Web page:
While some prisoners at Abu Ghraib are clearly covered as POWs by the Geneva Conventions because they have been detained as participants in what is, at least nominally, a traditional interstate war, those being held at Guantanamo Bay, Cuba, are a mixed set. One prisoner group there comprises people who are suspected Al Qaeda members, and the other is made up of suspected members of the Taliban from Afghanistan.

“The president determined that the Geneva POW Convention did not apply to Al Qaeda because it is a nonstate actor,” Goldsmith said. “As for the Taliban, though, Afghanistan is a state party to the treaty. So the POW Convention does apply to the conflict with Afghanistan armed forces–the Taliban. But the POW Convention assumes that, to get its protection, the enemy must satisfy certain criteria. The U.S. government determined that the Taliban were unlawful combatants because they didn’t distinguish themselves from civilians, they didn’t carry their arms openly and they didn’t comply with the laws of war. And–this is a fine but important distinction–even though the POW Convention did apply in the war between Afghanistan and the U.S., the Taliban forfeited its protections.”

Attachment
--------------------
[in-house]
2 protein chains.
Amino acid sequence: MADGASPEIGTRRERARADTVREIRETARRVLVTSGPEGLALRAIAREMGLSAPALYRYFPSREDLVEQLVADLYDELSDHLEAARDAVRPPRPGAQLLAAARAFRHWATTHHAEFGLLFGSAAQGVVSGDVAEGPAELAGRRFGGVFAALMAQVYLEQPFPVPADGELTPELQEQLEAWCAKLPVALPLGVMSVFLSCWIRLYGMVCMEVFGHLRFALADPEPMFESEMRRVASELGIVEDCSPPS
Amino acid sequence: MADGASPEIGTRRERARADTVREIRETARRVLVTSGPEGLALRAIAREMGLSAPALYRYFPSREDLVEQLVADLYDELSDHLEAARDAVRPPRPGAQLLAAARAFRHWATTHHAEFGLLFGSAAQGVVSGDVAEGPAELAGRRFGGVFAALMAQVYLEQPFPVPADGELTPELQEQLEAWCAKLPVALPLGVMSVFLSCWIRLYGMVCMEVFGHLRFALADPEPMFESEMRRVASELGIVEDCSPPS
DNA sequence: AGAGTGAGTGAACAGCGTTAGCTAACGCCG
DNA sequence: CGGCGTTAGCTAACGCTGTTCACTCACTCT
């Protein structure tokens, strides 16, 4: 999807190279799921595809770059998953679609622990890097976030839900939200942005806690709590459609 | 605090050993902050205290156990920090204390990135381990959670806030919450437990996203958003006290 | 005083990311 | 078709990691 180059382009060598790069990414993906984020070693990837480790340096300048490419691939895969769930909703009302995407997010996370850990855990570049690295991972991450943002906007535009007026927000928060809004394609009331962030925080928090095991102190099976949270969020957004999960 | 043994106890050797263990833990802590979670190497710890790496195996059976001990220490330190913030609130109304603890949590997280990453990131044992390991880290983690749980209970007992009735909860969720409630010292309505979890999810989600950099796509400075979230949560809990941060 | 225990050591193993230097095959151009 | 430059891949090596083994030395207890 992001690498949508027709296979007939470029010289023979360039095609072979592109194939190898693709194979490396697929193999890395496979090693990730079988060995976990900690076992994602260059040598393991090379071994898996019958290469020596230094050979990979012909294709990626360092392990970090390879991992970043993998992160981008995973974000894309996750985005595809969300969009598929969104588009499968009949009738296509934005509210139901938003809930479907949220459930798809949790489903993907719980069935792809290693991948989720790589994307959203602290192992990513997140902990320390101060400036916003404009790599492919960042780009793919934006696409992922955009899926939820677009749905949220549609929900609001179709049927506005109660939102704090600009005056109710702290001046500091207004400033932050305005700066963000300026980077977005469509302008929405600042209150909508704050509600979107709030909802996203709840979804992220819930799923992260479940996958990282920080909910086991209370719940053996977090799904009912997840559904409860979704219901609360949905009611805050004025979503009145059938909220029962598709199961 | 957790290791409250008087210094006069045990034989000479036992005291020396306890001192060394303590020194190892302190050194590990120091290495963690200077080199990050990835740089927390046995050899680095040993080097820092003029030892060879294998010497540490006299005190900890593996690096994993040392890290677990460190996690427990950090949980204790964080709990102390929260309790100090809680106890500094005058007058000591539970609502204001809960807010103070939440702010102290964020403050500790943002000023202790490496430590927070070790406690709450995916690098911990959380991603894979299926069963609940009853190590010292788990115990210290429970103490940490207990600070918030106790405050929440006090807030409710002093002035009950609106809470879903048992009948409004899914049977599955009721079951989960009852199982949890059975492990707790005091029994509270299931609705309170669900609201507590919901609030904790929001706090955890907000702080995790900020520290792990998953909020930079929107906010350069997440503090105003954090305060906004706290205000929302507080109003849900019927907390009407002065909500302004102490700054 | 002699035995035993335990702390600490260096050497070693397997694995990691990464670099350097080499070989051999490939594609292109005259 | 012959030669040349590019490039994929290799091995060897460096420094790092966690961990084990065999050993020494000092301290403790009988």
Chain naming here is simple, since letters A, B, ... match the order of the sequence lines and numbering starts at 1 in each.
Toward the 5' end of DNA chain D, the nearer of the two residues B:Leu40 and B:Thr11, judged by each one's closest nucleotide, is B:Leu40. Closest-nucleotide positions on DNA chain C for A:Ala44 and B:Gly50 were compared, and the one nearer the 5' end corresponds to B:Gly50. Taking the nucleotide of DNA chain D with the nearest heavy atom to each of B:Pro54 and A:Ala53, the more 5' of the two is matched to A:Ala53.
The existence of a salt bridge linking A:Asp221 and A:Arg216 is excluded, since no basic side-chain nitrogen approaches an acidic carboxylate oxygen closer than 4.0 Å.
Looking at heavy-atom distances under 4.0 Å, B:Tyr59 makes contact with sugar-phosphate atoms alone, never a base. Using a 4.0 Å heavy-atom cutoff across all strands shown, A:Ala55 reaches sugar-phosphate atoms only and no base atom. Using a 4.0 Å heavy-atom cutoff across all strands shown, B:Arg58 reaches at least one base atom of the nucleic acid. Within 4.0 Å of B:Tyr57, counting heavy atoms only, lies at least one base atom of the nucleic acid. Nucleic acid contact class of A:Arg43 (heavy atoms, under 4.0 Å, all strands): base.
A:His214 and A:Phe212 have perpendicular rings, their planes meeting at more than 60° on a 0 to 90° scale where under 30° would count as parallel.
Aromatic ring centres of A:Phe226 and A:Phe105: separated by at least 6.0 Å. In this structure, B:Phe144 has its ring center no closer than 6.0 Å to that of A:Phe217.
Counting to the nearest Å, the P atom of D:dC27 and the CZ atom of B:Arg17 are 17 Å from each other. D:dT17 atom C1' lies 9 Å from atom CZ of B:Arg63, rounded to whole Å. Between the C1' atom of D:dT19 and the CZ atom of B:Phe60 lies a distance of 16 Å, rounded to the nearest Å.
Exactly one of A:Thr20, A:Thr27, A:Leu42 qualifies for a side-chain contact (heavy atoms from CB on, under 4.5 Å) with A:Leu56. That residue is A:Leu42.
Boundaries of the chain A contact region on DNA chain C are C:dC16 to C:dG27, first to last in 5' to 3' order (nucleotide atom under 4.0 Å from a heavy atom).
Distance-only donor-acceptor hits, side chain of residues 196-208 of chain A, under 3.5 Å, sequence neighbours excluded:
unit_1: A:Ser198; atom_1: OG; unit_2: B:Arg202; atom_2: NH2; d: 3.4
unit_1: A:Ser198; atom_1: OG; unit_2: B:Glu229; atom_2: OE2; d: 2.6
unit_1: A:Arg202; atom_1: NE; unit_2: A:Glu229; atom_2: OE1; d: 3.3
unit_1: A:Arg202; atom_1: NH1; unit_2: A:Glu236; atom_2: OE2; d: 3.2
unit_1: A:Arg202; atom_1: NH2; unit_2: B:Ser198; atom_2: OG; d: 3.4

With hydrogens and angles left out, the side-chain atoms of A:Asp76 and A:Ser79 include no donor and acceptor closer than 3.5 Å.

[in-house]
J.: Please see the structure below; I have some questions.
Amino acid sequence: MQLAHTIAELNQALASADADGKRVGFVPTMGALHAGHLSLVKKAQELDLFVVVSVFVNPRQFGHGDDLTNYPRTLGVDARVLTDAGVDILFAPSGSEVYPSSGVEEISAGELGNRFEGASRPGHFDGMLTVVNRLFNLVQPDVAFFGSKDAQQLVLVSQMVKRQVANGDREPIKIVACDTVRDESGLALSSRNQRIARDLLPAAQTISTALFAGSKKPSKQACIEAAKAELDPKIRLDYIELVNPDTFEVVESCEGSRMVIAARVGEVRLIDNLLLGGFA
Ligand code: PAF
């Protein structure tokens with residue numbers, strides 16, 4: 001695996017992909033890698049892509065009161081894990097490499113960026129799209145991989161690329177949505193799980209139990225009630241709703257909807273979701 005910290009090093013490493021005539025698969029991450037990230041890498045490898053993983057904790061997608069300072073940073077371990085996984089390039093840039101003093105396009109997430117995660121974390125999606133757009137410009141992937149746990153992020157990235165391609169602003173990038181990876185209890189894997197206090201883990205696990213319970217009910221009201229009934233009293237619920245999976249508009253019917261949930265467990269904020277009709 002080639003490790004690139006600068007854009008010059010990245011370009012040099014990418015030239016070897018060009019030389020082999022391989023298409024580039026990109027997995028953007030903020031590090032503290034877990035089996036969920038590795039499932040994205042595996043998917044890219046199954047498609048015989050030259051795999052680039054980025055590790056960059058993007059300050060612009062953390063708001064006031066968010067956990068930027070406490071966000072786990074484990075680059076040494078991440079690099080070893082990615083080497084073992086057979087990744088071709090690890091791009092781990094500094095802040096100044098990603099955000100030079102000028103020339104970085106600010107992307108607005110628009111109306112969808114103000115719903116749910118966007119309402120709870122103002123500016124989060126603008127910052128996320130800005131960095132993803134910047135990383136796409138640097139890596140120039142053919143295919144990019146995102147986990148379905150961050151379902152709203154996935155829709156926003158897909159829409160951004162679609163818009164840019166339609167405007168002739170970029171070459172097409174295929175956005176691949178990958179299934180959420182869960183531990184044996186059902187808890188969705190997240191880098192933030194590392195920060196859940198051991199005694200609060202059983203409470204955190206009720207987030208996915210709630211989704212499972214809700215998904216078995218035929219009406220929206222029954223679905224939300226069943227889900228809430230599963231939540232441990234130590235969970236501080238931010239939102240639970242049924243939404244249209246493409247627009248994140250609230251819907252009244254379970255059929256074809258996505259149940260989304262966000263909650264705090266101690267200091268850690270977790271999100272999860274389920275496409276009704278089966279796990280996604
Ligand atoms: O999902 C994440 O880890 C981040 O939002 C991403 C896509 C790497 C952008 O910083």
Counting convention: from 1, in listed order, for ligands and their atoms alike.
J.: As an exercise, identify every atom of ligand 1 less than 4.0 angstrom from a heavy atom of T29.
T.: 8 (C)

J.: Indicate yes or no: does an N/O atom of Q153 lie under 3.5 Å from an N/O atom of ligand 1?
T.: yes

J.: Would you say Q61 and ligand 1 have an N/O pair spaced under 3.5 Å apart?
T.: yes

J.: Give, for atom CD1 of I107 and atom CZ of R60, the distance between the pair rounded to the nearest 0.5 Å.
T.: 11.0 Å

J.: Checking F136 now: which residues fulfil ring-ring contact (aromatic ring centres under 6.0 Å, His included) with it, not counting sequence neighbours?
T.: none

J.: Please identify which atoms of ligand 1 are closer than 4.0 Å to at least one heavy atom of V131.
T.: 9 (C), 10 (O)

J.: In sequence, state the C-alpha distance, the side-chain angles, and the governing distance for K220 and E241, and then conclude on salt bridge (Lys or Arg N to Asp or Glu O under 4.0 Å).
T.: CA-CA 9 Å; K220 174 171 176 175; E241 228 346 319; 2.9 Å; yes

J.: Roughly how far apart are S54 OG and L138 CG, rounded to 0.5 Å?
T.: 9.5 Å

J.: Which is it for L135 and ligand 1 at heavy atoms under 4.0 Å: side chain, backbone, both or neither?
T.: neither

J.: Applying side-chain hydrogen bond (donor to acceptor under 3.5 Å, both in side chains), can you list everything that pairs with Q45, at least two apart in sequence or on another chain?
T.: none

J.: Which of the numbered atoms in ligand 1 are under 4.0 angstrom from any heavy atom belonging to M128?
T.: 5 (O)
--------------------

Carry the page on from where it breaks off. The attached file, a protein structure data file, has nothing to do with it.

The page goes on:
The term “unlawful combatants” used to describe the Taliban group at Guantanamo has drawn attention as a questionable designation that some observers suspect provides the United States with an excuse to skirt international law in its treatment of Taliban detainees. Goodman, however, says that term is, in fact, well-established as a relatively old category in the laws of war. “[It] can be conceptualized as an individual or civilian who unlawfully takes up arms,” he said. “The question is what implications result from that status besides the loss of POW status. The ICRC and the International Criminal Tribunal for the former Yugoslavia maintain that all individuals are either covered by the POW Convention or the Civilians Convention [of the Geneva Conventions]–that there is no gap. While there are potential problems with that broad reading, unlawful combatants are covered by Article 3 in all four Geneva Conventions. In addition, the Civilians Convention contemplates unlawful combatants, as evidenced by its security proviso allowing states to suspend some rights protections for such individuals.”